A proposal advancing in the Iowa Legislature would amend the state constitution to make it more difficult for lawmakers to raise income taxes. The amendment would require any income tax increase to be approved by a two-thirds majority in the House and Senate.
At a subcommittee hearing Thursday, Sen. Jim Carlin, R-Sioux City, said the amendment (SJR 22) should go before voters to give them more input on state tax policy.
“Basically what we’re doing as legislators is we’re saying to Iowans, ‘Do you think the bar should be set higher when we increase your taxes?’” Carlin said. “We’re going to let you vote on it instead of letting the politicians decide that issue.”
Carlin said Iowa’s income tax rate puts the state at an economic disadvantage with neighboring South Dakota, which is one of seven states with no income tax.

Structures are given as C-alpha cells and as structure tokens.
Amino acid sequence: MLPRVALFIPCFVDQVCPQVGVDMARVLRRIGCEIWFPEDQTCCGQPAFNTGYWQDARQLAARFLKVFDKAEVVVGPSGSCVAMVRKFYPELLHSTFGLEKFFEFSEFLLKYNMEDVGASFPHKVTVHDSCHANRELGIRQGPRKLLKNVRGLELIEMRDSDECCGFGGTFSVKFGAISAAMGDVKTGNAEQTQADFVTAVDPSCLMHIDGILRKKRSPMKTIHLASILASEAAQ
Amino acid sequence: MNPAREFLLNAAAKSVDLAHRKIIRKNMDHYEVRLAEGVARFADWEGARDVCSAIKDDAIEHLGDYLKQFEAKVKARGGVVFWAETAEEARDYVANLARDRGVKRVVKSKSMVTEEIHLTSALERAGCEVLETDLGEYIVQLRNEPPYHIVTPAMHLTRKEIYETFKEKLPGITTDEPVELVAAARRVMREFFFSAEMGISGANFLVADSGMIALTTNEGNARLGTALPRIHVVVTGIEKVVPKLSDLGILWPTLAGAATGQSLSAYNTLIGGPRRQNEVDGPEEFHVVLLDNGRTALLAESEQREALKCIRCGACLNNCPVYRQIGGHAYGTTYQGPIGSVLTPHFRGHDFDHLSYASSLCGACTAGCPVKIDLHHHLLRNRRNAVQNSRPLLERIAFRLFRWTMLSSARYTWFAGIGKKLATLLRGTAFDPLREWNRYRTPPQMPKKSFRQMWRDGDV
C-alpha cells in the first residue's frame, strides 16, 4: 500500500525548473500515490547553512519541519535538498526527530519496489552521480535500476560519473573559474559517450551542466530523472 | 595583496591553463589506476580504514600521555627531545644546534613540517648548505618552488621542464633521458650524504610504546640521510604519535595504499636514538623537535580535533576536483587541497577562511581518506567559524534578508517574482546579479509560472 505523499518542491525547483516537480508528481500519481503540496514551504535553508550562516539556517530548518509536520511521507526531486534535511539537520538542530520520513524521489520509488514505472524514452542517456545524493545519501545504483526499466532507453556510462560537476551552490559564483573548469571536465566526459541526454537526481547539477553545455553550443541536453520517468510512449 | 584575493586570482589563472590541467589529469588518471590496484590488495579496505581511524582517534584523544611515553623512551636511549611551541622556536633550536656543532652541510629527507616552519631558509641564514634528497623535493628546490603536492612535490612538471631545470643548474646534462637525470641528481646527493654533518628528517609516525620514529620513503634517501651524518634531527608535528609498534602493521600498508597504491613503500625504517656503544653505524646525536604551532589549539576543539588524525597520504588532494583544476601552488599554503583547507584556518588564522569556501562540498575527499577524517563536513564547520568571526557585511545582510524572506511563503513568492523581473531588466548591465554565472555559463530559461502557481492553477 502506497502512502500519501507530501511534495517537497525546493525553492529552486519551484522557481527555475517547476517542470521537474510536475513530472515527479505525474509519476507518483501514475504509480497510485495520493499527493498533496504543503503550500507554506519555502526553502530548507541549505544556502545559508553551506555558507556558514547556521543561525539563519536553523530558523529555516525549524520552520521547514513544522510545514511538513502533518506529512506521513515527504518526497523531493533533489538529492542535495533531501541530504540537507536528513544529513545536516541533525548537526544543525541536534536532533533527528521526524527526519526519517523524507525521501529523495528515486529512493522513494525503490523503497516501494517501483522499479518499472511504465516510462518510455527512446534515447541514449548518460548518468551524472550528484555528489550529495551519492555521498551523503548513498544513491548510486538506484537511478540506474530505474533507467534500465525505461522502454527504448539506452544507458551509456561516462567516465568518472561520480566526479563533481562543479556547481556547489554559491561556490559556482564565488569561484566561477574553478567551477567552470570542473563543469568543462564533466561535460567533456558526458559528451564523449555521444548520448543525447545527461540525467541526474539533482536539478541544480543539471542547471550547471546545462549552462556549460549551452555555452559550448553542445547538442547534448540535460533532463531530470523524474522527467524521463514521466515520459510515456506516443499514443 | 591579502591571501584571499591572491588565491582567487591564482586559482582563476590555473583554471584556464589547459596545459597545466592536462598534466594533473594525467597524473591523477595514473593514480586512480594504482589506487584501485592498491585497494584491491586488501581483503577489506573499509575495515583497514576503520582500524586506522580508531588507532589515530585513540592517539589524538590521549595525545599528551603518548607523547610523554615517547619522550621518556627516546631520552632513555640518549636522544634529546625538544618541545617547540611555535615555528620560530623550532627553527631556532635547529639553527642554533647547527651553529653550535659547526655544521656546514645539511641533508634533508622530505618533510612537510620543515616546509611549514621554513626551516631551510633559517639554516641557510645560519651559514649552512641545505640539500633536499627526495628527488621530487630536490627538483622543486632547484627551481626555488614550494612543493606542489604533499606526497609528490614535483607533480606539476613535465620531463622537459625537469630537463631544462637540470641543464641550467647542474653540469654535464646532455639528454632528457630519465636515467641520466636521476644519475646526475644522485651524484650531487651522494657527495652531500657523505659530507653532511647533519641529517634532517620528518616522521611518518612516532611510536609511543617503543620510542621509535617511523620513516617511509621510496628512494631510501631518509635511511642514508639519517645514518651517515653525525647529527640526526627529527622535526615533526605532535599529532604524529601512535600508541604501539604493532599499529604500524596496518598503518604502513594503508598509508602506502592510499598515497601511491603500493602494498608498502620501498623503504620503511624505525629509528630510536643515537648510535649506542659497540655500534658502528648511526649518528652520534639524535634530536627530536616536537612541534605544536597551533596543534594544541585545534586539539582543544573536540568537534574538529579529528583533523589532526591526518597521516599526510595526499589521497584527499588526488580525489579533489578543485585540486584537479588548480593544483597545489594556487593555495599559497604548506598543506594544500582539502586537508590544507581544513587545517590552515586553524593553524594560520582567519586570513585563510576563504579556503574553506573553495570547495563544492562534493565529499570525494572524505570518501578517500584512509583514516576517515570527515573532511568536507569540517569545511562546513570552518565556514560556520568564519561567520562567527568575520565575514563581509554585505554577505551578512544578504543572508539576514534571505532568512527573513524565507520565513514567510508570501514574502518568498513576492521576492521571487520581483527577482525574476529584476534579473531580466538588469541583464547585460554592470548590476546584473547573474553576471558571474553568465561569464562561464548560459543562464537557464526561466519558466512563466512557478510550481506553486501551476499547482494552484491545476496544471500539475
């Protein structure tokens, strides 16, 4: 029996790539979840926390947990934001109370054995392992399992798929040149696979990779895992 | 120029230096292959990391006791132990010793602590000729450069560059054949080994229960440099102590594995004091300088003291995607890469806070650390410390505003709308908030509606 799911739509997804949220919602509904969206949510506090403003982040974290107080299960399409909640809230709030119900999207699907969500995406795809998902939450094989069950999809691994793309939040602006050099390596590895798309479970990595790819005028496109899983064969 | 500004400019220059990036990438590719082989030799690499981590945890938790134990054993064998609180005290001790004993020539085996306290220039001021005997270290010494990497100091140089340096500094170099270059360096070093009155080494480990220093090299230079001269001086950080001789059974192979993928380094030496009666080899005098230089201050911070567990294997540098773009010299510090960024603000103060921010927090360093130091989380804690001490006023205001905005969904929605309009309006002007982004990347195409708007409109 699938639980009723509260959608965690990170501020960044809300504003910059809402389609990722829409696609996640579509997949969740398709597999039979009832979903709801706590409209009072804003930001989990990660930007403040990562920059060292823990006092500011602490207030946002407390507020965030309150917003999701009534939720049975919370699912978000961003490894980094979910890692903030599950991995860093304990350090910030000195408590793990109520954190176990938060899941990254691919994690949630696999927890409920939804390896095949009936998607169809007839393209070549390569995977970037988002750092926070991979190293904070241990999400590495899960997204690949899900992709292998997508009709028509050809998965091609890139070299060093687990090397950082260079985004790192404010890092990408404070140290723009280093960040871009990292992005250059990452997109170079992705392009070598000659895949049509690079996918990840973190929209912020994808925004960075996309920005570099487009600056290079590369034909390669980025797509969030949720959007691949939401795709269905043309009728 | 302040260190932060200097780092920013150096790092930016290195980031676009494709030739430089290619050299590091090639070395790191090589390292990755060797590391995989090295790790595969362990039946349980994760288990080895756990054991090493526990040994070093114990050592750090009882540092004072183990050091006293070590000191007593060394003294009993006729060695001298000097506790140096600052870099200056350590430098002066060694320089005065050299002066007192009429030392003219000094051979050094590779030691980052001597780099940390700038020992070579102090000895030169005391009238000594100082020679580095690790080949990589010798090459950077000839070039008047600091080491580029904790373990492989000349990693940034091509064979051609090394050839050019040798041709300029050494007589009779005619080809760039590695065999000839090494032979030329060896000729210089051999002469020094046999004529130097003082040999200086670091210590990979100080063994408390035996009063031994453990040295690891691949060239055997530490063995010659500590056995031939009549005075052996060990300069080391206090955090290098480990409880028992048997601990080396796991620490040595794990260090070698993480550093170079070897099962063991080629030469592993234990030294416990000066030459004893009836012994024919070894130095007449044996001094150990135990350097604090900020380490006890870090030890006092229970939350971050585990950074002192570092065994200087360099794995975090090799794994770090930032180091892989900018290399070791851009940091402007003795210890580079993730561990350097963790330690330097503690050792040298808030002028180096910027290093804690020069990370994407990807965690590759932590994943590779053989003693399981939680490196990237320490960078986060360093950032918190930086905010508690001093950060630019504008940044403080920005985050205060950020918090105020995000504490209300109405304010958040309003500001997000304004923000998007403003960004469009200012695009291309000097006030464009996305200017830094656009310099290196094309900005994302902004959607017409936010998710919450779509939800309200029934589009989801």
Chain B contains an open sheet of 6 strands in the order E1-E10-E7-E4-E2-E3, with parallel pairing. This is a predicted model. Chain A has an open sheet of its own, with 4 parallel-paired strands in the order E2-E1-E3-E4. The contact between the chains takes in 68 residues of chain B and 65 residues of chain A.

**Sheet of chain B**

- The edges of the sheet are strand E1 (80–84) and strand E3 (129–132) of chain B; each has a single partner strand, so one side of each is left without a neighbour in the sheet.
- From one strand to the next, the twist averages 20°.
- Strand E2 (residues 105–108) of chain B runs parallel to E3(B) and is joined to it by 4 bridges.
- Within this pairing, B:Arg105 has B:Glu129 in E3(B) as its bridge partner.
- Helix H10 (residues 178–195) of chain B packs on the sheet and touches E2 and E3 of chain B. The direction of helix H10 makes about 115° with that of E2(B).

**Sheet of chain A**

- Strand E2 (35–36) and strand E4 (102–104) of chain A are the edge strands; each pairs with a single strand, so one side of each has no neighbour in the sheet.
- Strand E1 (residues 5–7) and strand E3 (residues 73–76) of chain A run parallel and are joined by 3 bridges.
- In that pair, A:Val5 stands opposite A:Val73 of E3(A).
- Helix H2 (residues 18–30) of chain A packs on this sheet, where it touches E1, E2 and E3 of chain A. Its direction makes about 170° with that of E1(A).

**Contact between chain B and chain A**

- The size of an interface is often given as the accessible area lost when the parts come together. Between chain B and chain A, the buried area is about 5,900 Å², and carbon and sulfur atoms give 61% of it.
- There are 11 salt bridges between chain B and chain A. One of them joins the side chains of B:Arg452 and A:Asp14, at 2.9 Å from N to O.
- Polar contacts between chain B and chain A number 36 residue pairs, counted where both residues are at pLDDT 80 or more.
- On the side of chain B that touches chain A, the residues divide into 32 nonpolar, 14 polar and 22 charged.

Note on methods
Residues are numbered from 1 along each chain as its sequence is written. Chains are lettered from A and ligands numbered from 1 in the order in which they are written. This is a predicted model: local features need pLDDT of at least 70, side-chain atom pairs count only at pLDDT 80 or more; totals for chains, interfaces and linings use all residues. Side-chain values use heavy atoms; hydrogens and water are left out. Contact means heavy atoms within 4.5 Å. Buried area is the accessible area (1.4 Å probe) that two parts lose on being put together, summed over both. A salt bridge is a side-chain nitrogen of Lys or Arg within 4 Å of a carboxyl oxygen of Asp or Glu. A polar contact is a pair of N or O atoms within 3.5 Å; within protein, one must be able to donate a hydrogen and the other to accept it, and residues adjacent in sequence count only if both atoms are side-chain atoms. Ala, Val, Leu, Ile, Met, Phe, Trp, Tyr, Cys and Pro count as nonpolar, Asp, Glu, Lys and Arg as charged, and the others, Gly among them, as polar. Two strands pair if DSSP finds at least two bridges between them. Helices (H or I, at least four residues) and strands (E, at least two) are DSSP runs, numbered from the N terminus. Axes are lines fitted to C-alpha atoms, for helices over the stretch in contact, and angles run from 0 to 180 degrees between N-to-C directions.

“In our part of the state we have seen so many jobs drive across the river and take all their tax revenue with them because we don’t have any competitive footing on taxes with South Dakota,” Carlin said.
Opponents at the hearing said the amendment would tie lawmakers’ hands if they tried to re-balance revenue from different tax sources in the future.
The amendment would not apply to sales taxes, property taxes or income tax decreases. Sen. Bill Dotzler, D-Waterloo, said that would incentivize the legislature to rely more on property and sales taxes which are proportionally more expensive for low-income residents and less on income taxes which are more progressive.
“If we want to put fairness back into the tax code, this piece of legislation would protect the wealthiest individuals in our state from paying their fair share,” Dotzler said.
The amendment passed out of subcommittee on a 2-1 vote and now moves on to the Senate Ways and Means Committee. It would have to pass in the legislature in two consecutive years before going to a statewide vote.